There are no shortage of dumb theories about the fall of communism — nearly all of them having to do with Reagan — but I’ll admit I’d forgotten this chestnut.
For some commentators in the 1980s, the existence of … humour in the communist world took on a profound significance. It demonstrated the indomitable nature of the human spirit under oppression; the fact that communism produced such a huge quantity of jokes showed how hugely oppressive it was; and the stubborn persistence of this humour played a major role in undermining Soviet rule. In the end, they said, communism was laughed out of existence.
Ben Lewis, a television documentary producer with a good knowledge of Russian and German and an inquisitive but sceptical mind, has set out to test these claims.
He has travelled through the former Soviet bloc, collecting jokes, inspecting police records and interviewing cartoonists, dissidents, politicians and diehard communists. The result is a fascinating book which . . . engages with the existing theories and argues that most of them are wrong.
This means I’ll have to shelve my book project, “In America, you catch cold, In Soviet Russia, cold catches you”: How Yakov Smirnoff, Ronald Reagan, and Margaret Thatcher Saved the Free World for Carrot Top and Tom Green.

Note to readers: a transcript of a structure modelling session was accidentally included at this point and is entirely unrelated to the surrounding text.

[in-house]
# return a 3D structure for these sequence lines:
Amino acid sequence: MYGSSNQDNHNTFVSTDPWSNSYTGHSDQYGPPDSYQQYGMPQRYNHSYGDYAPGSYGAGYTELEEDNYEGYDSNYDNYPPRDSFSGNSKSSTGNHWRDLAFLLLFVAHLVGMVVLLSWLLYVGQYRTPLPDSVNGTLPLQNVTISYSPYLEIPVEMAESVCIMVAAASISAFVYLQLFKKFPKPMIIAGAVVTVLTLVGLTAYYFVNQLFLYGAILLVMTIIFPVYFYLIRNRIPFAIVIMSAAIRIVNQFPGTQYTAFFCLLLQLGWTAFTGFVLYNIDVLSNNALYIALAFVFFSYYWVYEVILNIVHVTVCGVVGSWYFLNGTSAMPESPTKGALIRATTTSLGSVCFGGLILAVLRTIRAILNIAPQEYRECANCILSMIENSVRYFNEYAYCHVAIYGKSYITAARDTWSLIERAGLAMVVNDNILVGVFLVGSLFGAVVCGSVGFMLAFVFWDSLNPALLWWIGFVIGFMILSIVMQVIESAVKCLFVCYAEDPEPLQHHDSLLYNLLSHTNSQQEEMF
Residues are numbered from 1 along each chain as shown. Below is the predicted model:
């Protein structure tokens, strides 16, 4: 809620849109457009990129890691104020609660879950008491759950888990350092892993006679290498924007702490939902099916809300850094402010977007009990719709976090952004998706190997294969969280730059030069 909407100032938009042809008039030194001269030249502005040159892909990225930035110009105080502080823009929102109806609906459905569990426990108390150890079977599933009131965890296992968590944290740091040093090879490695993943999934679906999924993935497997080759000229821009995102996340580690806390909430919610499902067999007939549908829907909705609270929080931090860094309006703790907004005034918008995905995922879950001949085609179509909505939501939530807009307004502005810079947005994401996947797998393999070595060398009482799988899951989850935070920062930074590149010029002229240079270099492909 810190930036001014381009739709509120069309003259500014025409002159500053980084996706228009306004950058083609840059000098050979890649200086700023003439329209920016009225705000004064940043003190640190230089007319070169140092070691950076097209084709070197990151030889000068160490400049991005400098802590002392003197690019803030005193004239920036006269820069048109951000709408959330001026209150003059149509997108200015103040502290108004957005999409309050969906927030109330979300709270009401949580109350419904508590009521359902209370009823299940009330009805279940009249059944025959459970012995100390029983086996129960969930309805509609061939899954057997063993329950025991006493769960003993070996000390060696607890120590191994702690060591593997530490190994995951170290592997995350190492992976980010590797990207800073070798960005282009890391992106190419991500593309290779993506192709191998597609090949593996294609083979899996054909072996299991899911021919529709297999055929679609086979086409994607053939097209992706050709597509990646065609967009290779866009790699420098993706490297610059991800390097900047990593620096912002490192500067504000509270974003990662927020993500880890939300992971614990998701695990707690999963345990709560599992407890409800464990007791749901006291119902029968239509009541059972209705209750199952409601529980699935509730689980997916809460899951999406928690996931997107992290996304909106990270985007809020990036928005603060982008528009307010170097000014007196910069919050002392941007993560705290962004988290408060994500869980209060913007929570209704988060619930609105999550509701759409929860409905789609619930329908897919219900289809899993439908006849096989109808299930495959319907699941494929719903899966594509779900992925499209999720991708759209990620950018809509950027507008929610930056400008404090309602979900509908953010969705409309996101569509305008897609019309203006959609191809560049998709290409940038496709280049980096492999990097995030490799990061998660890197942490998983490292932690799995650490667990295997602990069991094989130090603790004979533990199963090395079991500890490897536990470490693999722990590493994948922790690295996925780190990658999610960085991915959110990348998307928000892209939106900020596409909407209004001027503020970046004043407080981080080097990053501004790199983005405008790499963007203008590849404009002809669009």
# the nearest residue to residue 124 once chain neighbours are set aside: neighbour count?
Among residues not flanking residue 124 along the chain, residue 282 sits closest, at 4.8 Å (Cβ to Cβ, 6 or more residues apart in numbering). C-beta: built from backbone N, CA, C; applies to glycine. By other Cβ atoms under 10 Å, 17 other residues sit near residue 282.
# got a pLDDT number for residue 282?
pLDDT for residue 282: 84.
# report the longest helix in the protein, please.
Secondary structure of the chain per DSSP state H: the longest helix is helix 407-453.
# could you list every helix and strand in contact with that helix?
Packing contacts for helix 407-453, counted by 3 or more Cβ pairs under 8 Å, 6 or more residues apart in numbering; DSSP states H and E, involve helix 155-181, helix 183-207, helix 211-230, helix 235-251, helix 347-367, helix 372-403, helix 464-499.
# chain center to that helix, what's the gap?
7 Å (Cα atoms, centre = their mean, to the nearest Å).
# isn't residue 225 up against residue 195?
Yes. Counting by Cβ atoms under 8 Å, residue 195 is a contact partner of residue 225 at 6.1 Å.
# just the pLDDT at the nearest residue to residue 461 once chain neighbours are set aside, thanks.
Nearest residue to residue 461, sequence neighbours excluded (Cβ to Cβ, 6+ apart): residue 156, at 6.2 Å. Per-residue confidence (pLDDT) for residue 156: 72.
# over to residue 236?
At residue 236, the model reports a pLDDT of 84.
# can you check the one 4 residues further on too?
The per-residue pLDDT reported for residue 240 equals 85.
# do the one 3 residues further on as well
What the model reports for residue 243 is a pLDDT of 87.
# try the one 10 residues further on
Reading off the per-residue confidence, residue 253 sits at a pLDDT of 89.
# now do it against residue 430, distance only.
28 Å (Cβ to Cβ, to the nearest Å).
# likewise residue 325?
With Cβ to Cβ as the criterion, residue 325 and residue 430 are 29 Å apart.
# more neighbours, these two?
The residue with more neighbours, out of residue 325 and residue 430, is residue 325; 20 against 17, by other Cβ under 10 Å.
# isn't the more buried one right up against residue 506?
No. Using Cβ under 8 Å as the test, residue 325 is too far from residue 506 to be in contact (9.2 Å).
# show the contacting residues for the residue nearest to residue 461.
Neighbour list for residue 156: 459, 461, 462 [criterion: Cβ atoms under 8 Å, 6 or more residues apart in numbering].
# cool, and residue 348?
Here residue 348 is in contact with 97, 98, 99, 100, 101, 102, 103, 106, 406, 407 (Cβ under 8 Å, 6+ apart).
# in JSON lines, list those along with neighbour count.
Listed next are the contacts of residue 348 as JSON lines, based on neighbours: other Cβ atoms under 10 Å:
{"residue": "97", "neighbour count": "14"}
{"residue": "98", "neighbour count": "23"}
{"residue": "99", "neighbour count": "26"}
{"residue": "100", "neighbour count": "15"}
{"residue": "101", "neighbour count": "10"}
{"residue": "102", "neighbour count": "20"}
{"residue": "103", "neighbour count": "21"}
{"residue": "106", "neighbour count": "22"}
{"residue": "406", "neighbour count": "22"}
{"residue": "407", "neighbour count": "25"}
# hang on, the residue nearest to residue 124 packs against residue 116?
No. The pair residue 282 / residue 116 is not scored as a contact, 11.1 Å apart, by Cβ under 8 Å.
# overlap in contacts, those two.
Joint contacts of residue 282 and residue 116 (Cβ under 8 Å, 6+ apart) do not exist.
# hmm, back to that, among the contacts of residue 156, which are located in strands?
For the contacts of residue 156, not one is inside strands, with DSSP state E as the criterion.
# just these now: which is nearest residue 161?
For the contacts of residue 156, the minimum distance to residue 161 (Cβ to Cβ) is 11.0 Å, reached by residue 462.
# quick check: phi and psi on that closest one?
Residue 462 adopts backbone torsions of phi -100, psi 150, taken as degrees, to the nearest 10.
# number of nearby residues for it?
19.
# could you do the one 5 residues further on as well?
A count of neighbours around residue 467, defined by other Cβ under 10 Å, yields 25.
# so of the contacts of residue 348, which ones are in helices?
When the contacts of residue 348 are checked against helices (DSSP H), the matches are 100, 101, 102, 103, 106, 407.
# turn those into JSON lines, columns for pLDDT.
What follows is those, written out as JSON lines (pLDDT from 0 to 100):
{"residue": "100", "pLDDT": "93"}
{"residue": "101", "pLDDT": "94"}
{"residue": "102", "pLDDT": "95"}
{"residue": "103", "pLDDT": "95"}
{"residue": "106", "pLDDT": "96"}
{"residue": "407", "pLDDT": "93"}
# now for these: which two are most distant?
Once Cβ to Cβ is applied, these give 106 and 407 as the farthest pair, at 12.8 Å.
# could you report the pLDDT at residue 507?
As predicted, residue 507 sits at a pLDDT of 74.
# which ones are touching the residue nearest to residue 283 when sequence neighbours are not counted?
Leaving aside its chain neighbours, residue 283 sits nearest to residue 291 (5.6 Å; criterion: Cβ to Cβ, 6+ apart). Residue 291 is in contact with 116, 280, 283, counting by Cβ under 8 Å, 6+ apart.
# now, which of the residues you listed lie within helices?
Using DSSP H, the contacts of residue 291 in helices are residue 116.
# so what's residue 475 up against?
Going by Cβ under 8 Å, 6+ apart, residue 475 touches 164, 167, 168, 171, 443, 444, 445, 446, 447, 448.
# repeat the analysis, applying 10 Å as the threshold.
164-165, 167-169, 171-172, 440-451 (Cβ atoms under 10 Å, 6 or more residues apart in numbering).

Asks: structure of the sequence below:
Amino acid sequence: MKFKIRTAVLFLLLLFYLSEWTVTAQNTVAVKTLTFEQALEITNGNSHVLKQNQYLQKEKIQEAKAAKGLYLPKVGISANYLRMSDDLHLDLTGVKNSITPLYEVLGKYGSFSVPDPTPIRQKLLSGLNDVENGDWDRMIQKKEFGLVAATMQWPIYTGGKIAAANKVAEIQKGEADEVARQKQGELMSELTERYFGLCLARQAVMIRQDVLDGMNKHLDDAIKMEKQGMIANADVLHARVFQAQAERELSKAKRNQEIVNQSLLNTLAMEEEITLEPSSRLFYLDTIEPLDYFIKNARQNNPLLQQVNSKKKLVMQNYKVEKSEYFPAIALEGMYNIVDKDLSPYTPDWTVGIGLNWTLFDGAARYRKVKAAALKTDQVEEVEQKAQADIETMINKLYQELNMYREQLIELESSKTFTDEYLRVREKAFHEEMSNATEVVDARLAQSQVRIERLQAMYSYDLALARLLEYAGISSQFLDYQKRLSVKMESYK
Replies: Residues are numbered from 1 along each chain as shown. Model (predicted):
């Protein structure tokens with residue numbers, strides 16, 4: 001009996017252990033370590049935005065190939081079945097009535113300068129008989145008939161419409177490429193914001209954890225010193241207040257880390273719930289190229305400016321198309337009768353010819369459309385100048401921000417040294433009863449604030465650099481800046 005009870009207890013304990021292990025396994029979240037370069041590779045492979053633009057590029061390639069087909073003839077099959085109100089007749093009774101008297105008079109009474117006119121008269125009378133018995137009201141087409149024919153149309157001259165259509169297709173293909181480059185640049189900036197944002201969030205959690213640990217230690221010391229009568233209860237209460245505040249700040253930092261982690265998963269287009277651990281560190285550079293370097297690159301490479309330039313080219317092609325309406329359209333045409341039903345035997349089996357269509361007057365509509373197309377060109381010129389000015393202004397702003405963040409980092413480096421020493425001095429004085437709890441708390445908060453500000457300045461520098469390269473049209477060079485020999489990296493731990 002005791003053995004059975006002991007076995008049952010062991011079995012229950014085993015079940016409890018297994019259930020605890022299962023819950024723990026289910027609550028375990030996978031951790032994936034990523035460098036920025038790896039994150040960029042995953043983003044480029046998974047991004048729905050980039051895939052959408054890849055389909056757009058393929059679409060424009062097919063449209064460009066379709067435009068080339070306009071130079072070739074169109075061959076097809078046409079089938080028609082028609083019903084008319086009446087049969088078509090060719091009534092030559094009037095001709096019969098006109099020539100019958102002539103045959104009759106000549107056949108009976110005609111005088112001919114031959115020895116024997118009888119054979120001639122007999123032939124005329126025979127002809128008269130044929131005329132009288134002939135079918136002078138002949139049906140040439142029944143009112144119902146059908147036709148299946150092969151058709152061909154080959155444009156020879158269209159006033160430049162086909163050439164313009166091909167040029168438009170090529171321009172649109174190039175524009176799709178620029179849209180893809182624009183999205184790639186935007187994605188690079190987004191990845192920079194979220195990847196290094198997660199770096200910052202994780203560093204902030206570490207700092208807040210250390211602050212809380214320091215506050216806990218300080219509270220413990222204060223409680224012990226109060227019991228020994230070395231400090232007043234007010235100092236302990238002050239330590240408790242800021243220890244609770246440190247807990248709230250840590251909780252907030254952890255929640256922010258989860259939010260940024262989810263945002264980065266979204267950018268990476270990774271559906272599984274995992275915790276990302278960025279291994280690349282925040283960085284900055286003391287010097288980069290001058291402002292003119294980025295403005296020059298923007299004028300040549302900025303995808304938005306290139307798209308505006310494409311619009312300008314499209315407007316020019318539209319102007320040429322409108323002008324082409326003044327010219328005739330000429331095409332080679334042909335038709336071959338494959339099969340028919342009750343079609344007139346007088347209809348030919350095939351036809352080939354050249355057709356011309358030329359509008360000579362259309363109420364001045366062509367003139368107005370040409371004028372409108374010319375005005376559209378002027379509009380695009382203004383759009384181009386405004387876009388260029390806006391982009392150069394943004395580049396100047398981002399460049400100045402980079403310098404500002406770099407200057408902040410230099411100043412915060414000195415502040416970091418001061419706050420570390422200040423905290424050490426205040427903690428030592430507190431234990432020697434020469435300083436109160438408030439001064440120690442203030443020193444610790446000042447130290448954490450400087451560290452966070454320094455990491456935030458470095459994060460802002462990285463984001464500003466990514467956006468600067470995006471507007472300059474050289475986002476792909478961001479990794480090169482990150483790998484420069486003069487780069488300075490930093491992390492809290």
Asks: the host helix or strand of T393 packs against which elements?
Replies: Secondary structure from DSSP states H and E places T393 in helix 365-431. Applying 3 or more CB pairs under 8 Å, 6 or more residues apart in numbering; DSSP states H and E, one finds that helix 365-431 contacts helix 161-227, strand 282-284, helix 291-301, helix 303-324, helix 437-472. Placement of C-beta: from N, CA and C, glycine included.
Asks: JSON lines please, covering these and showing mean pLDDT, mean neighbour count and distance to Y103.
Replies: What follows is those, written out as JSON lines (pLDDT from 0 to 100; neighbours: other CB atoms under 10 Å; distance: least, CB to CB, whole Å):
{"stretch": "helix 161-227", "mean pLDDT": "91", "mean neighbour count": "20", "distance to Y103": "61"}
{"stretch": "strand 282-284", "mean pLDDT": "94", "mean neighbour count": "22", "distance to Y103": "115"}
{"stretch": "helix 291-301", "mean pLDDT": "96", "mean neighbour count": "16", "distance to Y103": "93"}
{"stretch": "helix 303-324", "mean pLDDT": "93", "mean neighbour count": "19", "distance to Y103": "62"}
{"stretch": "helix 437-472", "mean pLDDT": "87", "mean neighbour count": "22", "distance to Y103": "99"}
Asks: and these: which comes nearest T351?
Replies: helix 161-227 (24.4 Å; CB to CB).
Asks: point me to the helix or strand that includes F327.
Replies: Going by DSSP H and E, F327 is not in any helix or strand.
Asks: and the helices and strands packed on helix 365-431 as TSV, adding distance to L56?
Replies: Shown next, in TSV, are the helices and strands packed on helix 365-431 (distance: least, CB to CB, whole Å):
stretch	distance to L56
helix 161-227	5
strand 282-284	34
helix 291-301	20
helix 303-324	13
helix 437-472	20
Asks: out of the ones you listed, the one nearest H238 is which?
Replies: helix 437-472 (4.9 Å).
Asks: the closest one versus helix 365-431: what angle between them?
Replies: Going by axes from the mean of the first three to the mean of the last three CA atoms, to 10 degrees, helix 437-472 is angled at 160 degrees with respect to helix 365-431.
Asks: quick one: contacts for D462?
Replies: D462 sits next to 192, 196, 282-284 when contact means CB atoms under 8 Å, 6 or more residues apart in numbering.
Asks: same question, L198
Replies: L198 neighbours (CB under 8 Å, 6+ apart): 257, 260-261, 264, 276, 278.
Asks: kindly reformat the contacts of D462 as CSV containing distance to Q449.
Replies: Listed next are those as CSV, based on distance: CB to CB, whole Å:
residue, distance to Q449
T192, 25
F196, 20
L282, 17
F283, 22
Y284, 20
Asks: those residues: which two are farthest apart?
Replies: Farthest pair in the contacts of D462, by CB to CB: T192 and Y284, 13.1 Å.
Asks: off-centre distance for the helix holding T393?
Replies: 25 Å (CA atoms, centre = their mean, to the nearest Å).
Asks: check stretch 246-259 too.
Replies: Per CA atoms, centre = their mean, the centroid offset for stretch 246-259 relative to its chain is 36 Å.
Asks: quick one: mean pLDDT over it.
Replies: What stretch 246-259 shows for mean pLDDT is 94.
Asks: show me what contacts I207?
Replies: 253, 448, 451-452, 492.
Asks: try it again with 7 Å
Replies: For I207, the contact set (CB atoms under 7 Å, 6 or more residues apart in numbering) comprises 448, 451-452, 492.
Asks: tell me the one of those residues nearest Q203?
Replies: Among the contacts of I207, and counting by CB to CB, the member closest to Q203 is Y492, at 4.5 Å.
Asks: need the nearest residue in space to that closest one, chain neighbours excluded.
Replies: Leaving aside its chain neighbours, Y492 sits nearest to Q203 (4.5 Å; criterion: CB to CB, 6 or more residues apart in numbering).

I suppose there’s no question that humor can be a valuable political tool, but it’s also true that political humor is usually ambiguous enough that it can shore up as well as mock its target. One of the points this review makes is that Lewis discovered that the Soviet leadership itself utilized humor to absorb or contain the harsh and deserved critiques of the system it presided over. The fact that Stalin apparently joked about his own reputation as a sadistic brute is an expression of the same tendencies in humor that allow George W. Bush to crack wise about missing WMD. You could make a good case that the evolution of human wit probably came to an end that evening.
Still, the article reminds me of my favorite old Soviet-era joke:
So Stalin, Khrushchev and Brezhnev are riding along in a train when it suddenly breaks down. The three leaders step out onto the tracks, scratch their heads a little, consider the scene and try to decide what to do next. Stalin advises that the engineer be shot. Khrushchev, gently disagreeing with his predecessor, recommends quietly assigning the engineer, pardoning the rest of the crew and offering them a second chance to get the train running. Brezhnev recommends pulling down the shades and pretending that the train is still moving.